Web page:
Tuesday, April 1, 2008

Chip Johnson of SF Chronicle, Holding Government Accountable

Chip Johnson in his April 1, 2008 column in the SF Chronicle's B1 page, reports that almost 1/3 of Oakland's city workers are making over 100,000 dollars in salary per year. That figure, of course, does not include benefits and pensions. Overall, non-federal government (meaning, county, city and state) salaries probably make up between 10 to 15% of gross domestic expenditures, which doesn't sound like a lot until you realize that it's harder to reduce salaries once they achieve such a high level. More troubling is the fact that it's harder to reduce government benefits because such benefits are vested; in addition, such costs are difficult to estimate due to the guesswork in determining a former employee's health and life expectancy for pensions and medical benefit purposes.  In short, the public is indebted to the government for amounts unknown, even if the economy enters a period of recession or constrained growth.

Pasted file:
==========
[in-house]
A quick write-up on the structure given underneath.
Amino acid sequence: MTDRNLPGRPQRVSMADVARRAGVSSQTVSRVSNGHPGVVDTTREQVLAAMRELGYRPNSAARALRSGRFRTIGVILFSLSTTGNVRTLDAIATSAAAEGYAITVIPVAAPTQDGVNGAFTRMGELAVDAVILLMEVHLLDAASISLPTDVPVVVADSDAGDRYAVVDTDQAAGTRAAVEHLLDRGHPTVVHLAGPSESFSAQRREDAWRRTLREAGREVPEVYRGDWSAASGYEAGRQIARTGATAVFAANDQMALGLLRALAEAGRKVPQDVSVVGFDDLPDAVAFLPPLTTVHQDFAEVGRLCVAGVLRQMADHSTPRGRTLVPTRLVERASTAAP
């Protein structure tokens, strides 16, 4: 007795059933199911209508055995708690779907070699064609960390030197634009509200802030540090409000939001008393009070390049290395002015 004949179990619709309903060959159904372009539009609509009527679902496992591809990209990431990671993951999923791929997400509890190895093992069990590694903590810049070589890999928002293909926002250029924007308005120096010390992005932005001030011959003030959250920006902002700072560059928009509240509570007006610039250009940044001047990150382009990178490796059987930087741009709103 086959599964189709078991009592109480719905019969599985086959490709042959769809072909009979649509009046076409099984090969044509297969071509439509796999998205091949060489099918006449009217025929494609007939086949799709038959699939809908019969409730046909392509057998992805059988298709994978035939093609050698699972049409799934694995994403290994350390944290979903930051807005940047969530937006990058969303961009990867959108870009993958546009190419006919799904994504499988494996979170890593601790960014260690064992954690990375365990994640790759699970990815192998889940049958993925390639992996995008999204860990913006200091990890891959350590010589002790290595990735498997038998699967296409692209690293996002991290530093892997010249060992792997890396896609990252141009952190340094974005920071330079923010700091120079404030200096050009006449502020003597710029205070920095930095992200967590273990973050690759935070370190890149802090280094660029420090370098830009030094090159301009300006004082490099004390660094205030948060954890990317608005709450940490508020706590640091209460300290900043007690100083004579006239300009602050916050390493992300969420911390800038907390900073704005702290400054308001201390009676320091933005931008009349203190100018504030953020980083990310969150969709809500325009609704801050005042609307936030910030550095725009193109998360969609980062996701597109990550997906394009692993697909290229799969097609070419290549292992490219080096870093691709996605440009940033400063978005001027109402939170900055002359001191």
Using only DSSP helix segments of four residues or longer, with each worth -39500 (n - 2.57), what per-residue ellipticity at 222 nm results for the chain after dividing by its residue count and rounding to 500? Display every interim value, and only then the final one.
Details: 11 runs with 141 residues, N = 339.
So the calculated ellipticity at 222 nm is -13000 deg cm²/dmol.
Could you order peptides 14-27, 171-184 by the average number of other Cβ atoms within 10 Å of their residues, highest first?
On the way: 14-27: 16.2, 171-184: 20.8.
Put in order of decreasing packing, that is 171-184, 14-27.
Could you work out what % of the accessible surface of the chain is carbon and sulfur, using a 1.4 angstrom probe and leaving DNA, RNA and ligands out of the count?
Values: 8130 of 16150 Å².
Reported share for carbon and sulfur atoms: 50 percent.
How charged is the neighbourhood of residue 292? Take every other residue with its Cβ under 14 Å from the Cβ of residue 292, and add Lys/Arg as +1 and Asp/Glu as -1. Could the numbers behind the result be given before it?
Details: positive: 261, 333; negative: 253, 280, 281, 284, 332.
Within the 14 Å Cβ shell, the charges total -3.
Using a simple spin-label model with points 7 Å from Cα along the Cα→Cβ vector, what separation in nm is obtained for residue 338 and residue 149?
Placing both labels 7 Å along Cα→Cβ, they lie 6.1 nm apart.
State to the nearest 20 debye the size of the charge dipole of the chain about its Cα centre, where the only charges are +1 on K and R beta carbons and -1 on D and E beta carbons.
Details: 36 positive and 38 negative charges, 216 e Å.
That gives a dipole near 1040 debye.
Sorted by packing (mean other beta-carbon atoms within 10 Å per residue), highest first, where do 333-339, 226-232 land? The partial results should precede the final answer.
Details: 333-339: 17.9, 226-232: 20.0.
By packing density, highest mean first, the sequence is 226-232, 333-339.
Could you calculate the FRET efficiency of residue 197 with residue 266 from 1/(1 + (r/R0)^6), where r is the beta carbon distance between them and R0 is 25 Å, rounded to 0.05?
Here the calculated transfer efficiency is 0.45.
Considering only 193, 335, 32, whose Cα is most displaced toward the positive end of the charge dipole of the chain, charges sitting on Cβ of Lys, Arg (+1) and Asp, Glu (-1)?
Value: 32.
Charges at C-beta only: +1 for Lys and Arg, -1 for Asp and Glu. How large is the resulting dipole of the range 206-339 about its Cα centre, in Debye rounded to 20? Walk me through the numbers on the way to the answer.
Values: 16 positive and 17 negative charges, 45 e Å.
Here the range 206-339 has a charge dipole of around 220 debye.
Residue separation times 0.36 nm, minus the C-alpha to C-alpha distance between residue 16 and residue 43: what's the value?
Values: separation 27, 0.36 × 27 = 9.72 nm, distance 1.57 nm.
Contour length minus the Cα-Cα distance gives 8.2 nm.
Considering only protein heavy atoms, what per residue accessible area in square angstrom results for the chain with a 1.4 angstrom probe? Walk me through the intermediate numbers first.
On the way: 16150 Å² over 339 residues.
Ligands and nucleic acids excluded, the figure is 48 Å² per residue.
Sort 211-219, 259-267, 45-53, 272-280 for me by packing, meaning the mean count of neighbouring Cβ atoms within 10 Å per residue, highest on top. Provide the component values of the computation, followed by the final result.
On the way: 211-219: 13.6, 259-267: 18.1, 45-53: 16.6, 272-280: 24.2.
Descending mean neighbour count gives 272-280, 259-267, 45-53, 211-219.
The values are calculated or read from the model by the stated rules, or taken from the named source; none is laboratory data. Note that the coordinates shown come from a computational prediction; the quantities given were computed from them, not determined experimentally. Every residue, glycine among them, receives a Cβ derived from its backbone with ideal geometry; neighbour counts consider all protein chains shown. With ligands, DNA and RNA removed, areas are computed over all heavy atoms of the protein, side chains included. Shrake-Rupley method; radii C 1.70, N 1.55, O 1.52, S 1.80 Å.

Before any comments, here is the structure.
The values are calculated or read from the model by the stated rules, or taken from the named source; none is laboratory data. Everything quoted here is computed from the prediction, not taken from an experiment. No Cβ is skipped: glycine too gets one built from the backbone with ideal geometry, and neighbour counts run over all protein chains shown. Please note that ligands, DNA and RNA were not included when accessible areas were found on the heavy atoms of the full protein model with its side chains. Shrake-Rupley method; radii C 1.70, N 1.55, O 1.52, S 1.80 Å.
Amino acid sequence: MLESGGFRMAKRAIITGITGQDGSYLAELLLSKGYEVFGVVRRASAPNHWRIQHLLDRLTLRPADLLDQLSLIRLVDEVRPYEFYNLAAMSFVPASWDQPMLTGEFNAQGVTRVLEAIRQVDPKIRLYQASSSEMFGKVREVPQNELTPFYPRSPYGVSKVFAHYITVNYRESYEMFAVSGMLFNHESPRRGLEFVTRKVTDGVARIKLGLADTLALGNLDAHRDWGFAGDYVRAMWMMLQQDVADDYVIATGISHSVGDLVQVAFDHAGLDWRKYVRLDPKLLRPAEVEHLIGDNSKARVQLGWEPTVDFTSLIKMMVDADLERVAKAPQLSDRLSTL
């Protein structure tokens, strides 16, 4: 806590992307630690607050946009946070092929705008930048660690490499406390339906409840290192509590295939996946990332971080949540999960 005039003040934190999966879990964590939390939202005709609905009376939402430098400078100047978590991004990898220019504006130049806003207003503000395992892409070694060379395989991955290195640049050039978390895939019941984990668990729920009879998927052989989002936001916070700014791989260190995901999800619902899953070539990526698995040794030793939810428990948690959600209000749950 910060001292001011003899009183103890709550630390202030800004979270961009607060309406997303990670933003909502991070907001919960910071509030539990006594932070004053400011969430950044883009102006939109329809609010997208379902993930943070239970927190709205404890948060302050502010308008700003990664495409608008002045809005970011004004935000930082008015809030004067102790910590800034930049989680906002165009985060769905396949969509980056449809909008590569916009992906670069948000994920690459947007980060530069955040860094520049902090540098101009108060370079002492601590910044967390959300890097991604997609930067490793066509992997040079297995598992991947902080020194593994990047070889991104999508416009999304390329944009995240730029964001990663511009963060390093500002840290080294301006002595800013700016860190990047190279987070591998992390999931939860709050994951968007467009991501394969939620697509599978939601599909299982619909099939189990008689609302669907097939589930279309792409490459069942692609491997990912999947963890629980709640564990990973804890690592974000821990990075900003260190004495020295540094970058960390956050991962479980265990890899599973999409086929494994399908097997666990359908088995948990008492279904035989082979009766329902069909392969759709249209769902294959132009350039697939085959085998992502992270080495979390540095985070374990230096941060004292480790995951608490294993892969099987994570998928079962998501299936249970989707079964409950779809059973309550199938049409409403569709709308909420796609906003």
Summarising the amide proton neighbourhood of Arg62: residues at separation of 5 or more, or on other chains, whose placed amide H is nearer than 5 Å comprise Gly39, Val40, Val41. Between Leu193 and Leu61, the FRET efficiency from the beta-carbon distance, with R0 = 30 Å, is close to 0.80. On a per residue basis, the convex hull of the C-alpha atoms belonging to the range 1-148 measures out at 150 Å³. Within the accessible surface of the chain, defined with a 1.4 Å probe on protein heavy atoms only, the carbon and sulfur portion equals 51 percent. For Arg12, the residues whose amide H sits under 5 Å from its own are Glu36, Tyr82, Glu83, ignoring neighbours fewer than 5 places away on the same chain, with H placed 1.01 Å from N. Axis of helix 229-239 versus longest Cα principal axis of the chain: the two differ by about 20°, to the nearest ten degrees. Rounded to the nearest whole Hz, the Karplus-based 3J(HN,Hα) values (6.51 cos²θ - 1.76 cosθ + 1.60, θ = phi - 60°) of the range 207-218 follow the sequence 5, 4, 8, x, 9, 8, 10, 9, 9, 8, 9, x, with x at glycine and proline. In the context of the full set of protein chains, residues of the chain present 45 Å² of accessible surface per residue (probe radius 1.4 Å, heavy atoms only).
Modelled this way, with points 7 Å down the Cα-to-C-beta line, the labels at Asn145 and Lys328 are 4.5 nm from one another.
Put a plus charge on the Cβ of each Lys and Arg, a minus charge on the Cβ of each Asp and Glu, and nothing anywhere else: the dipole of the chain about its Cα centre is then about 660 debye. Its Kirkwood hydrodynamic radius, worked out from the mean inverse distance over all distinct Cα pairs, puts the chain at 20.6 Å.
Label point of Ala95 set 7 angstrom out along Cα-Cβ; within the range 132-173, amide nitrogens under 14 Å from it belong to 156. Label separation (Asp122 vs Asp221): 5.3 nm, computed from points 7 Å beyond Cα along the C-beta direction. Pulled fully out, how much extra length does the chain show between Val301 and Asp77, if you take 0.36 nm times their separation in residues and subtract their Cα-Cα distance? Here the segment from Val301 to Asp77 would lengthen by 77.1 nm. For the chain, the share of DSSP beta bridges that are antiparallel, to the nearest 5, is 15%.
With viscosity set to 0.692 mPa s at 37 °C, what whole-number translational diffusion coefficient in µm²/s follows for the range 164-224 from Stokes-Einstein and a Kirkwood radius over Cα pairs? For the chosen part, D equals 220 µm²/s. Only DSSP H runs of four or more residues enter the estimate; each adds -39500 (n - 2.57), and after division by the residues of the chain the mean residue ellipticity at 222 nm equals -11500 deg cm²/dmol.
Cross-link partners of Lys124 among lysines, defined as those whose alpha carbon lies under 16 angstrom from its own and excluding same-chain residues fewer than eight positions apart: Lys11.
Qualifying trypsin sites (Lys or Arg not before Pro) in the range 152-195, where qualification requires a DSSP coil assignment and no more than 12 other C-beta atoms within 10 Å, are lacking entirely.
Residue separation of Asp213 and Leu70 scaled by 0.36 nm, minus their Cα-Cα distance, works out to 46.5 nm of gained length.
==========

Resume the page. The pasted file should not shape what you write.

Strangely, government employees making over 100,000 dollars a year are still eligible for overtime pay. In the private sector, most employees making 100K+ annually in base pay would be exempt and still expected to put in the hours that come with making such a salary.

The recent California Supreme Court decision allowing the public to see such salaries is INTERNATIONAL FEDERATION OF PROFESSIONAL AND TECHNICAL ENGINEERS, LOCAL 21, AFL-CIO et al., v. SUPERIOR COURT OF ALAMEDA COUNTY, REAL PARTIES IN INTEREST: CONTRA COSTA NEWSPAPERS (2007), which can be found at this link:


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